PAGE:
Small businesses are increasingly worried about the financial impact of high inflation, with an overwhelming majority of owners saying the worst is yet to come.
That’s according to a new Chamber of Commerce and MetLife survey released Wednesday, which found that 90% of small business owners are concerned about the ramifications of the highest inflation in nearly four decades. More than half – 54% – of respondents said they were very worried, an increase of 23 percentage points from the start of 2022.
“Over the past few quarters, small businesses have been upbeat and still feeling good about their business performance,” said Tom Sullivan, vice president of small business policy at the Chamber of Commerce. “However, inflation is hitting small businesses really hard, and that reality is having a negative impact on their confidence, their ability to hire, invest in their businesses, and grow.”
Inflation – which was stronger than expected in August, climbing 8.3% year-on-year – now ranks as the biggest financial challenge for small businesses. About 45% of owners said rising prices are their top concern, an increase of 11 percentage points since the start of the year. This compares to 28% who ranked supply chain bottlenecks as the #1 issue. Other concerns include revenue, rising interest rates and security protocols and compliance with COVID-19.
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To cope with higher prices, about 7 in 10 companies said they were raising costs for consumers. On top of that, nearly half – 46% – said they took out a loan to cover higher costs, while around 35% reduced their payroll.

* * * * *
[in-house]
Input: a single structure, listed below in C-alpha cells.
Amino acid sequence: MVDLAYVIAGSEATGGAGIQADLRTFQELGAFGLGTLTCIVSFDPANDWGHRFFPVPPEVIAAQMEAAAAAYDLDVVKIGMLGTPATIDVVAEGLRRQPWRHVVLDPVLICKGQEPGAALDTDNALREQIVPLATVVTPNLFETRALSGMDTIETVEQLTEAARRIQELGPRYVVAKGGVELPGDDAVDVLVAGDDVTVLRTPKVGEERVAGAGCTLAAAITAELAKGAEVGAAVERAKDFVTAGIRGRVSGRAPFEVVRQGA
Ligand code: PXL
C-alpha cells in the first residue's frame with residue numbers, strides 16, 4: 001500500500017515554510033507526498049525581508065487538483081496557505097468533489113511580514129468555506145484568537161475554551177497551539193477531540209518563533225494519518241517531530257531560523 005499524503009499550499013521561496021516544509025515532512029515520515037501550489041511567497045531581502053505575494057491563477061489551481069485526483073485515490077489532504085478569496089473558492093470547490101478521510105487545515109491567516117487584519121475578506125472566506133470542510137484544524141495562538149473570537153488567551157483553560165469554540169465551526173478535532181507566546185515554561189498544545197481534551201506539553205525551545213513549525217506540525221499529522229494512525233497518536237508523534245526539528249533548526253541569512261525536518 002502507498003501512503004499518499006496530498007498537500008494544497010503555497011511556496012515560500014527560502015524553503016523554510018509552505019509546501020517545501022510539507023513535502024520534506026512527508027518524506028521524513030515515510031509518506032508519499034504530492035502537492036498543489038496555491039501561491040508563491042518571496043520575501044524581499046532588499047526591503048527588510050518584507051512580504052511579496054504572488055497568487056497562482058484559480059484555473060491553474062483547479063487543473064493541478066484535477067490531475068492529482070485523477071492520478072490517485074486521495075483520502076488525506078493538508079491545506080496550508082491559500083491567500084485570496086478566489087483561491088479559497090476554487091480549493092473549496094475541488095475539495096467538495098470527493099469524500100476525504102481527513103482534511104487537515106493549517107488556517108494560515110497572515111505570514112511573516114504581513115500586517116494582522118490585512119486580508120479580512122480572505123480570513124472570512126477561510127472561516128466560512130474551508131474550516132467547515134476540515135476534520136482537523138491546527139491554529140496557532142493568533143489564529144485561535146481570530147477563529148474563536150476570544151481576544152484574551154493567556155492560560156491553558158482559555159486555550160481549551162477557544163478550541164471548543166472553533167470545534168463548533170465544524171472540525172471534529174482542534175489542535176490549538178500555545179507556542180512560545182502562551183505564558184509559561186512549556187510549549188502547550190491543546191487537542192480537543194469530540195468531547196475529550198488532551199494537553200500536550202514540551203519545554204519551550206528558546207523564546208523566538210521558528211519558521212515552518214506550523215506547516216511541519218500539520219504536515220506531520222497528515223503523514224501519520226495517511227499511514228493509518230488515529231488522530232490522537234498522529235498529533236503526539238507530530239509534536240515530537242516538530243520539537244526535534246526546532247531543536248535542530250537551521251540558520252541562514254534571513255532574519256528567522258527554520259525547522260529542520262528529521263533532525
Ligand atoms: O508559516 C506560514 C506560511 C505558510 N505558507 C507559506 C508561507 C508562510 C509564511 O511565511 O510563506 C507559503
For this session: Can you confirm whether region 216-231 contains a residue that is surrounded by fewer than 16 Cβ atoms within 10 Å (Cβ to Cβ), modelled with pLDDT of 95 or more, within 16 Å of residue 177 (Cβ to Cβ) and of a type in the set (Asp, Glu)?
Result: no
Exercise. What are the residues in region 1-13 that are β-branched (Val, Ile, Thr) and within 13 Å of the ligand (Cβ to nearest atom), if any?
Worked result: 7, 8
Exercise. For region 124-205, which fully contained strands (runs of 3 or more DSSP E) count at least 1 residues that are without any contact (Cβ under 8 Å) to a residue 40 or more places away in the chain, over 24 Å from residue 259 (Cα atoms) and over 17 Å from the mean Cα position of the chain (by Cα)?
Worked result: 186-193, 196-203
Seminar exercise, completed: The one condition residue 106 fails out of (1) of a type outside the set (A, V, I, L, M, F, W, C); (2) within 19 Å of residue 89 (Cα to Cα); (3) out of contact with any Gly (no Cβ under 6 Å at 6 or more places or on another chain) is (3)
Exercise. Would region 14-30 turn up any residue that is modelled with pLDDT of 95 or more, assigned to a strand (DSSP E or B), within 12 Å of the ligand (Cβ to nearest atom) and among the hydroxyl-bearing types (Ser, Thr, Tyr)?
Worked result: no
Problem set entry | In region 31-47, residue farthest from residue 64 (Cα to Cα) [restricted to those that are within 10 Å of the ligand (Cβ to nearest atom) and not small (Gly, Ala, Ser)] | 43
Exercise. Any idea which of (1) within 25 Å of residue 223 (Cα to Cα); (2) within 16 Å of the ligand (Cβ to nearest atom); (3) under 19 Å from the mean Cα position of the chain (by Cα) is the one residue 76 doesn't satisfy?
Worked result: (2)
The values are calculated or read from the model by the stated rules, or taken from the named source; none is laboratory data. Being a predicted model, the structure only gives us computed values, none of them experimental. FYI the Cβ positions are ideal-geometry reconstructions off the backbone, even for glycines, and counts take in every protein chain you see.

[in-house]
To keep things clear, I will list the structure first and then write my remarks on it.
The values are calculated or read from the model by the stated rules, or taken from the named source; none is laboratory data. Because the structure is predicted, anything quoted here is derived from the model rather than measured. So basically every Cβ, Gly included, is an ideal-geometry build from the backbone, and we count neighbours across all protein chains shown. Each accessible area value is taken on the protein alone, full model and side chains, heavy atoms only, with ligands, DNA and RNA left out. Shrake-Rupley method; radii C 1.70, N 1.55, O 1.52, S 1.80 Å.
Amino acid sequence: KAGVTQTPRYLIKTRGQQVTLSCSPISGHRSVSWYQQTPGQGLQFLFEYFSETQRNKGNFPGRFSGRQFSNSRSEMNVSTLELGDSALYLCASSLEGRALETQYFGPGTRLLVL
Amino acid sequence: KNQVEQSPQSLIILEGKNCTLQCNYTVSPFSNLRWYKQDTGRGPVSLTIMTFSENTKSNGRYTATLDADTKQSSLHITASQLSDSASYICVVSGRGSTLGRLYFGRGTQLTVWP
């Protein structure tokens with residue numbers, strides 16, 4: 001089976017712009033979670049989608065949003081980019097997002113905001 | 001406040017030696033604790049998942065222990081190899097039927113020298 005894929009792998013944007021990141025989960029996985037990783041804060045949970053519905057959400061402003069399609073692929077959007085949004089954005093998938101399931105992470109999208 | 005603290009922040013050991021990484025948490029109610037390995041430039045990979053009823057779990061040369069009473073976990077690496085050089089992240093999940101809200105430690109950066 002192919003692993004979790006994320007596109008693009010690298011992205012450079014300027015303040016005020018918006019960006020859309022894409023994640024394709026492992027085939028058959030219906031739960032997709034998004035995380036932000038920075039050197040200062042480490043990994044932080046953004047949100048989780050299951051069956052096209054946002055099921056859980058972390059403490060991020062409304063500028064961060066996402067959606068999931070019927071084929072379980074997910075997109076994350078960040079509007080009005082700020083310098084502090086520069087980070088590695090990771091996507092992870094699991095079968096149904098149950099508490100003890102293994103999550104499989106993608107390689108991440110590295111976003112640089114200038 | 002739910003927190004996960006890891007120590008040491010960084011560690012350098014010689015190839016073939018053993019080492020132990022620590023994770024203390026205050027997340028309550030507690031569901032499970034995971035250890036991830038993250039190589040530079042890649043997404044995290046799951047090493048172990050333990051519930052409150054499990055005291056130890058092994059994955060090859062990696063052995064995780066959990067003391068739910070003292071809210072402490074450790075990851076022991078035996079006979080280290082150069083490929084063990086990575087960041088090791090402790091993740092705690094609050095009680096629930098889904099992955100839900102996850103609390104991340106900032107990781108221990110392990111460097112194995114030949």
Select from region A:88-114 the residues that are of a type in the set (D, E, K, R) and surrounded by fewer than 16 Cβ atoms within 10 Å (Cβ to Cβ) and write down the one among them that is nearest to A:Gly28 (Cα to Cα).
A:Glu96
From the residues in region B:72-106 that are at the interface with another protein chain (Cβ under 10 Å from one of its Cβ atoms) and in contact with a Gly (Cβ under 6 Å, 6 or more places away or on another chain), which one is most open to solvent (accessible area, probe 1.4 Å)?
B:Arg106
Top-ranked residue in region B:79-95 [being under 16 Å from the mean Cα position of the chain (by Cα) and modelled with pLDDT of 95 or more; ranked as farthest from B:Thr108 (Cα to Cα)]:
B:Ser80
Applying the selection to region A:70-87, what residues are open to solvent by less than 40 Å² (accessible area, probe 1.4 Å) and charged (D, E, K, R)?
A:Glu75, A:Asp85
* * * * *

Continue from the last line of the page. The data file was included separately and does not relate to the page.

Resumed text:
Small business owners are also increasingly worried about the economic outlook. About 88% of homeowners expressed concern about the United States entering an economic downturn next year, with 54% saying they were “very worried”. The majority of small business owners (59%) think the economy is in “fairly bad” or “very bad” health.
Yet when asked to choose between reducing inflation or avoiding an economic slowdown, a majority – 59% – said the priority should now be tackling rising prices, while 41% preferred preventing a recession.
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Despite the headwinds, small businesses said they remained relatively optimistic about their operations and their expectations for the future. About 66.8 said their business is healthy; that’s up from the low of 39.5 recorded in 2020, at the height of the COVID-19 pandemic.
The survey was conducted between April 29 and May 17.
Although economists had hoped inflation would subside since then as supply chains improved, consumer prices remain stubbornly high.
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Despite expectations of a slowdown in August, prices actually rose 0.1%; what is even more concerning is that core prices – which exclude the more volatile measures of food and gasoline – have also risen more than expected, a sign that underlying inflationary pressures in the economy remain strong.
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